After serving in the US Army, Mr. Allen graduated from Albion College in 1951 with a degree in chemistry and business. For more than 43 years, he owned several businesses all serving the graphic arts industry, most notably Industrial Oil and Varnish (ultimately known as Iovite, Inc) as well as Ampac Inc. He also had a great love of photography, which led him to his second career in portrait photography, which he operated for more than 15 years.
Steve Schmidt, VP procurement – pigments and global category leader intermediates for Sun Chemical, recalled Mr. Allen’s dedication and kindness.
“Dick Allen was a very nice man,” said Schmidt. “He was the only person to make a sales call on me on a Saturday morning during a 10K run in Muskegon.
“He called me last minute to see me in Muskegon plant around 1980 to sell us some alkyd for the new Muskegon flush plant,” Schmidt continued. “That Friday I could not see him and he asked about Saturday. I advised him that I was running in the 10K run for Mercy Hospital in Muskegon on Saturday morning. So on Saturday morning just before the race, up walks Dick Allen in his running gear with an official entrance number, and we proceeded to run the ‘Mercy Metric’ 10 K together and talk about alkyd for our flush plant. Only time in history for me to talk business during a run.”
Ink Systems, Inc. president Urban Hirsch III recalled how Mr. Allen helped him learn about the use of vehicles in litho inks.
“Dick Allen was an instrumental influence for me,” Hirsch said. “When I started in the ink industry 56 years ago, I would go to his plant and learn about the vehicle side of the business. He taught me the importance of the vehicle side of building inks. He was a good supplier.”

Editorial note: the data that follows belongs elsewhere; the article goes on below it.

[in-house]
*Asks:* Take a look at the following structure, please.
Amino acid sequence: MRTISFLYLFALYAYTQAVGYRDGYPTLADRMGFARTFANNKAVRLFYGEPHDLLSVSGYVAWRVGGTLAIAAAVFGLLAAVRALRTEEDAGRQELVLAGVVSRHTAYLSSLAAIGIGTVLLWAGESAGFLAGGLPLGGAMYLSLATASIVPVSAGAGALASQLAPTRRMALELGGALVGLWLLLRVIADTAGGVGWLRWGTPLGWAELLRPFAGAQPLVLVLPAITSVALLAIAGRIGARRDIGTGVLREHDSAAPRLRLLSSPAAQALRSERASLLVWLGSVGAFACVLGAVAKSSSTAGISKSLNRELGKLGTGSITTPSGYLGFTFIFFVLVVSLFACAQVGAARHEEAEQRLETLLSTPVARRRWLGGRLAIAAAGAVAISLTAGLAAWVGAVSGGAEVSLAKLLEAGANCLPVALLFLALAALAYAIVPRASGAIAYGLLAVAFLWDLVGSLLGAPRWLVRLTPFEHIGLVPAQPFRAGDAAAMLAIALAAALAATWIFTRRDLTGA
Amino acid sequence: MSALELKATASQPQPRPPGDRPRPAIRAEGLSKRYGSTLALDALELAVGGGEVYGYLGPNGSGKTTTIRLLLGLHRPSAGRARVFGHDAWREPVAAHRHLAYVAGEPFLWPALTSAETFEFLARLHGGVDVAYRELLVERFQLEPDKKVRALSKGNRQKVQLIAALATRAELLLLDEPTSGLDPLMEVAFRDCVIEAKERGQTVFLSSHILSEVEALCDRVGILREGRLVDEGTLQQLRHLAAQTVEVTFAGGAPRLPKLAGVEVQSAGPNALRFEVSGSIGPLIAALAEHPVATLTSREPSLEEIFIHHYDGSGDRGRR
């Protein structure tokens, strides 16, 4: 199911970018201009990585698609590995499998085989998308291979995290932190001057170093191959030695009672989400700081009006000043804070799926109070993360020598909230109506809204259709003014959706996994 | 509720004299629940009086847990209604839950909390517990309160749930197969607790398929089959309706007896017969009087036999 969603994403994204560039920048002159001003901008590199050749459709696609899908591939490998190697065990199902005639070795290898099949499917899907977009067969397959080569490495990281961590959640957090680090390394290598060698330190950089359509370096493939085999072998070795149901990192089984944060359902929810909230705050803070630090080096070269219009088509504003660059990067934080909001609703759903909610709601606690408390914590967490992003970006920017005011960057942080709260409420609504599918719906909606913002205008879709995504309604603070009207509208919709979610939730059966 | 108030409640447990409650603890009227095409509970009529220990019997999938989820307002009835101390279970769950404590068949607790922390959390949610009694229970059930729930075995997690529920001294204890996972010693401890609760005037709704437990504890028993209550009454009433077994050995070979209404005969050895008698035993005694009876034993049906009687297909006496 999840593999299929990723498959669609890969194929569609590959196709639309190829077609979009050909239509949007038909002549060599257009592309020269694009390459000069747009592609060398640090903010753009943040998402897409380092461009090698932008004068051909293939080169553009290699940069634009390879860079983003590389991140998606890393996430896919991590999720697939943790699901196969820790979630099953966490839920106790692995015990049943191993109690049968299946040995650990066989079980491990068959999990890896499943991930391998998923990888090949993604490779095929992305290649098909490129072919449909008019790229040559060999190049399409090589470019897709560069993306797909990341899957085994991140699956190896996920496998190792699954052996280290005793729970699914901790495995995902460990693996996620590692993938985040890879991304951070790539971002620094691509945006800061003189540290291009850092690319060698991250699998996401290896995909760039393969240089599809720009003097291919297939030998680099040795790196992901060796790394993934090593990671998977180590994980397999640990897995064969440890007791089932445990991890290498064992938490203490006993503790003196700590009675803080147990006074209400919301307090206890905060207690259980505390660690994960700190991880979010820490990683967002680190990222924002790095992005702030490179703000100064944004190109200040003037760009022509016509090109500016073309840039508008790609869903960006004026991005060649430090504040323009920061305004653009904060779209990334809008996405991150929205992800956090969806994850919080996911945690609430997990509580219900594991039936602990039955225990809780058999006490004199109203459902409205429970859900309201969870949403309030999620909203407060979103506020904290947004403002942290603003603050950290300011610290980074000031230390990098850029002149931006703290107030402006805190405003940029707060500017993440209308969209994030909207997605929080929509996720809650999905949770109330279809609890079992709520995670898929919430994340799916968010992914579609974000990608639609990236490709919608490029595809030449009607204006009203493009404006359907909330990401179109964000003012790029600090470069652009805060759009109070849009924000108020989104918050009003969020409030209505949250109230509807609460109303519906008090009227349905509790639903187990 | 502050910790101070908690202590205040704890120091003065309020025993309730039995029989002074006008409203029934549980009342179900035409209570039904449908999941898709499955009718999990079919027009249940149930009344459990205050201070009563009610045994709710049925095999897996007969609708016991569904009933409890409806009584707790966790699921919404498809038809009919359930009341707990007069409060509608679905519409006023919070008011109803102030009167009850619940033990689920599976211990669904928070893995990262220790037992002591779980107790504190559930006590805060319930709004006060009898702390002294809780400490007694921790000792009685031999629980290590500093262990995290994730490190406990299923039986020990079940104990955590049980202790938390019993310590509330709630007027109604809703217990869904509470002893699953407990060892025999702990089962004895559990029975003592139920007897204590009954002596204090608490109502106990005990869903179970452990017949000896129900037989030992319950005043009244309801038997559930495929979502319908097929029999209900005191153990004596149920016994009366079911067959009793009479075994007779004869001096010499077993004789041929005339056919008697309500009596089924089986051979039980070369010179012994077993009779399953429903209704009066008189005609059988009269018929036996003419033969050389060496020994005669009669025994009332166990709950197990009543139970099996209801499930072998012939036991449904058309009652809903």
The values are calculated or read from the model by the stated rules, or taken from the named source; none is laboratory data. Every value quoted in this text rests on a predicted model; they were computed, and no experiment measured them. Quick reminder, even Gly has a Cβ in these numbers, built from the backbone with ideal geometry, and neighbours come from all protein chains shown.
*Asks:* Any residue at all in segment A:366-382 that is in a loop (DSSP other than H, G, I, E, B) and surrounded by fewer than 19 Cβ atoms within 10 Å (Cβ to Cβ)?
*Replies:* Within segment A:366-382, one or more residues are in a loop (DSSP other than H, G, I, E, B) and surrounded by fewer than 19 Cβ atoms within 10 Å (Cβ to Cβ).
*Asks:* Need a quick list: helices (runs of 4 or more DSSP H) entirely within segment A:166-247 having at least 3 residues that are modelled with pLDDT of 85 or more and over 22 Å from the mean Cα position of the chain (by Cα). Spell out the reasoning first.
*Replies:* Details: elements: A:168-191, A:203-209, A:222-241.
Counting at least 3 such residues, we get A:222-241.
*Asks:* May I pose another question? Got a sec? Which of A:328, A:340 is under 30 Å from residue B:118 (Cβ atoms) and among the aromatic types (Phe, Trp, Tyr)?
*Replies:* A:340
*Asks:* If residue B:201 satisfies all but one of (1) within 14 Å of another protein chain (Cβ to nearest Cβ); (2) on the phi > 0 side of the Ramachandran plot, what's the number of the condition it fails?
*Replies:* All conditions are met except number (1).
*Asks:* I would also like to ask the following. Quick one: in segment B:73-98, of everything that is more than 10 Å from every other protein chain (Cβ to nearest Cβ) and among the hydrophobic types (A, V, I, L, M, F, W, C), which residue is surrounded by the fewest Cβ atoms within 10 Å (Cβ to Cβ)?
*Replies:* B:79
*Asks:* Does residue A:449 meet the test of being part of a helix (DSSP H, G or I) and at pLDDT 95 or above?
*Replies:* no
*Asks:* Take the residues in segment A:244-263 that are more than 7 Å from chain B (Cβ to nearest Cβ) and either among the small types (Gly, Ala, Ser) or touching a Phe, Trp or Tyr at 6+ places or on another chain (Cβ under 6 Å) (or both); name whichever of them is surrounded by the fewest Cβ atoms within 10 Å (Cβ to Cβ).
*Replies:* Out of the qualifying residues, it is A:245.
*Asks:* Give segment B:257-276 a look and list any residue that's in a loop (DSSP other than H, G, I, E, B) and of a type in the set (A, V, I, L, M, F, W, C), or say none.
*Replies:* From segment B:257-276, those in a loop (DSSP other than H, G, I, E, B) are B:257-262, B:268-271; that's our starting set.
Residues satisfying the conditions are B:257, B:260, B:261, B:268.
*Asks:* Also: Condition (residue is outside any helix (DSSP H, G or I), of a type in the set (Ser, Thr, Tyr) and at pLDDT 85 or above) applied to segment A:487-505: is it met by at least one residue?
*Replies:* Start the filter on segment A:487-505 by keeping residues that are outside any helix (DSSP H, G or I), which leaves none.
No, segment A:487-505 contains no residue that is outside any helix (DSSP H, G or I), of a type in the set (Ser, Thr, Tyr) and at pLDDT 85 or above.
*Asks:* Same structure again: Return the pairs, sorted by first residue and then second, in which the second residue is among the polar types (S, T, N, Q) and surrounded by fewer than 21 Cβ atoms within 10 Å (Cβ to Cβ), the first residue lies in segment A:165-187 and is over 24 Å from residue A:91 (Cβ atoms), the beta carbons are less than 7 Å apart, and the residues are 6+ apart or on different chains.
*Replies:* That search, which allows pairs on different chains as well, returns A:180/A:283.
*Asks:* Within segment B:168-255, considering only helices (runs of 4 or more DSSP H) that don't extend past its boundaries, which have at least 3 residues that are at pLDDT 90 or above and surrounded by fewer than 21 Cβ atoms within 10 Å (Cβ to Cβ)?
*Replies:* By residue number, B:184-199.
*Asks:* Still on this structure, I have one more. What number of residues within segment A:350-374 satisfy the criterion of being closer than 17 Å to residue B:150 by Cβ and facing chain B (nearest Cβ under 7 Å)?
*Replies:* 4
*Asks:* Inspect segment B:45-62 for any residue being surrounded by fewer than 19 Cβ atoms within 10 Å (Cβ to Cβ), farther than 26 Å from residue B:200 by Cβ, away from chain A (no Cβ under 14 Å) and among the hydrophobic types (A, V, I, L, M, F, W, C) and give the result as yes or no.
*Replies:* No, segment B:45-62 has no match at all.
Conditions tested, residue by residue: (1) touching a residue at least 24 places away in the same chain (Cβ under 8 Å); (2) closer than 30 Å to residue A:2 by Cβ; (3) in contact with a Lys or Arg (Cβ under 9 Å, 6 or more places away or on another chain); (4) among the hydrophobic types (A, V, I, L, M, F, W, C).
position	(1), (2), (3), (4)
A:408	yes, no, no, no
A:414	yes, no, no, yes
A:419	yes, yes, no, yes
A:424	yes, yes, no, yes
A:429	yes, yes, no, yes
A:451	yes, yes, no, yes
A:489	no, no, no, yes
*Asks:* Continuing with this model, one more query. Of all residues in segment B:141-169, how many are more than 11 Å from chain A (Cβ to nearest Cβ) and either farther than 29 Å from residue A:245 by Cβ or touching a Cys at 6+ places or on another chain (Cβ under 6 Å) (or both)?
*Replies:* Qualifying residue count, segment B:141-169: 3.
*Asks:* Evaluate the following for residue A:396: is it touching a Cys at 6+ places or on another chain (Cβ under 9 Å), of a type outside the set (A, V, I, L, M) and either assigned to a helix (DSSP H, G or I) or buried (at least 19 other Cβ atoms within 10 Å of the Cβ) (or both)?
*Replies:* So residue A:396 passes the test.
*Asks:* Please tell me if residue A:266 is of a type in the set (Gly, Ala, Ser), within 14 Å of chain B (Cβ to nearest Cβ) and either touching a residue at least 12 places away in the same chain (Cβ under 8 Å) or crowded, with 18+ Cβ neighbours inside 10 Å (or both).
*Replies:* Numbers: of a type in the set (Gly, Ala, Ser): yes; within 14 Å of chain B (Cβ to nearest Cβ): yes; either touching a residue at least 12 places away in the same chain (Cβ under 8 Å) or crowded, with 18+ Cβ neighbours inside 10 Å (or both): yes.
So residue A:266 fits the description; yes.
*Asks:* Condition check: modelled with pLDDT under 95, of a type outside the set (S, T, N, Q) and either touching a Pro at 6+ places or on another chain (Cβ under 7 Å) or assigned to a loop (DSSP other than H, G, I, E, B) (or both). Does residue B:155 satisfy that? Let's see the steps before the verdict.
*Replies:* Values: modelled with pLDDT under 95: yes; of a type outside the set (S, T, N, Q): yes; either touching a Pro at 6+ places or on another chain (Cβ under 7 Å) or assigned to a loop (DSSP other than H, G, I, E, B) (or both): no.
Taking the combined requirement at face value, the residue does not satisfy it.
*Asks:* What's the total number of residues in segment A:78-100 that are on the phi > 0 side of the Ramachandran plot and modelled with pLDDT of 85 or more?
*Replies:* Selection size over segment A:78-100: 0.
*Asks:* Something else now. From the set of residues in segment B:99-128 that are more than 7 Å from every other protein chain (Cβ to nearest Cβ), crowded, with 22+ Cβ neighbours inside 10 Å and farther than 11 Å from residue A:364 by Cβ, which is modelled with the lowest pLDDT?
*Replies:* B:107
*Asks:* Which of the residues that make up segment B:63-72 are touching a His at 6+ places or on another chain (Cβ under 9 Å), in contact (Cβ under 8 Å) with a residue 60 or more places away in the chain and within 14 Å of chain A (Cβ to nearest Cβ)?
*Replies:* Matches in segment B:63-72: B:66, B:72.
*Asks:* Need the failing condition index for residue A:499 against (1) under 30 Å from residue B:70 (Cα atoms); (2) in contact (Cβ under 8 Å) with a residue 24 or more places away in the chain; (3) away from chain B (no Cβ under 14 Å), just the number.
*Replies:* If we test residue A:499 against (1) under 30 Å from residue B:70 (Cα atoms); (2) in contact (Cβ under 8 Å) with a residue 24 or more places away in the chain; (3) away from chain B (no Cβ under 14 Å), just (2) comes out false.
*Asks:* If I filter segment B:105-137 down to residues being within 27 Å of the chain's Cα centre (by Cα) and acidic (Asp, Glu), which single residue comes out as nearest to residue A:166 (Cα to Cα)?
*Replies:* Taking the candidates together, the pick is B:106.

Paul Cummins was Iovite’s manufacturing manager. He spoke of Mr. Allen’s determination to take care of his employees and customers after a fire destroyed Iovite’s manufacturing facility.
“I met Richard Allen in 1974, when I started work at Industrial Oil and Varnish – Iovite,” Cummins said “‘Mr. Allen,’ as I always called him, was an exceptional leader dedicated to his business, family and his employees. Shortly after I was hired, a fire completely destroyed the Chicago Heights plant. He was determined not to let the business, his family or his employees down, so he immediately planned the rebirth of the company.
“A few days after the fire, he called all the employees together and said that a plan was being developed to supply our customers and that he would keep everyone working,” Cummins added. “We never missed a paycheck. Within weeks we were producing product at three toll processing plants.
“Mr. Allen made sure that all his employees were assigned to work at the various plants while on Iovite’s payroll,” Cummins continued. “He wanted to make sure that the product that he was providing to his customers maintained high quality standards. He lost the entire production facility but never failed to provide his customers product. You see, as a leader he understood that maintaining his trained staff would ensure the continued success of his business. He never gave up hope in what may have been one of the most difficult times of his life. His leadership and fortitude gave new life to his business. He not only provided for his family but for all the families that based their livelihood on Iovite.
“For all who knew Mr. Allen, he was a true leader and a caring person of family and employees, and he will be remembered by all whose lives he impacted,” Cummins concluded.
Mr. Allen is survived by his wife, Donna; sons Paul, Christopher, Steven and Eric; 12 grandchildren and two great-grandchildren.
In lieu of flowers, donations are appreciated and welcomed at the Crete Pantry, 1367 Wood St., Crete, IL 60417.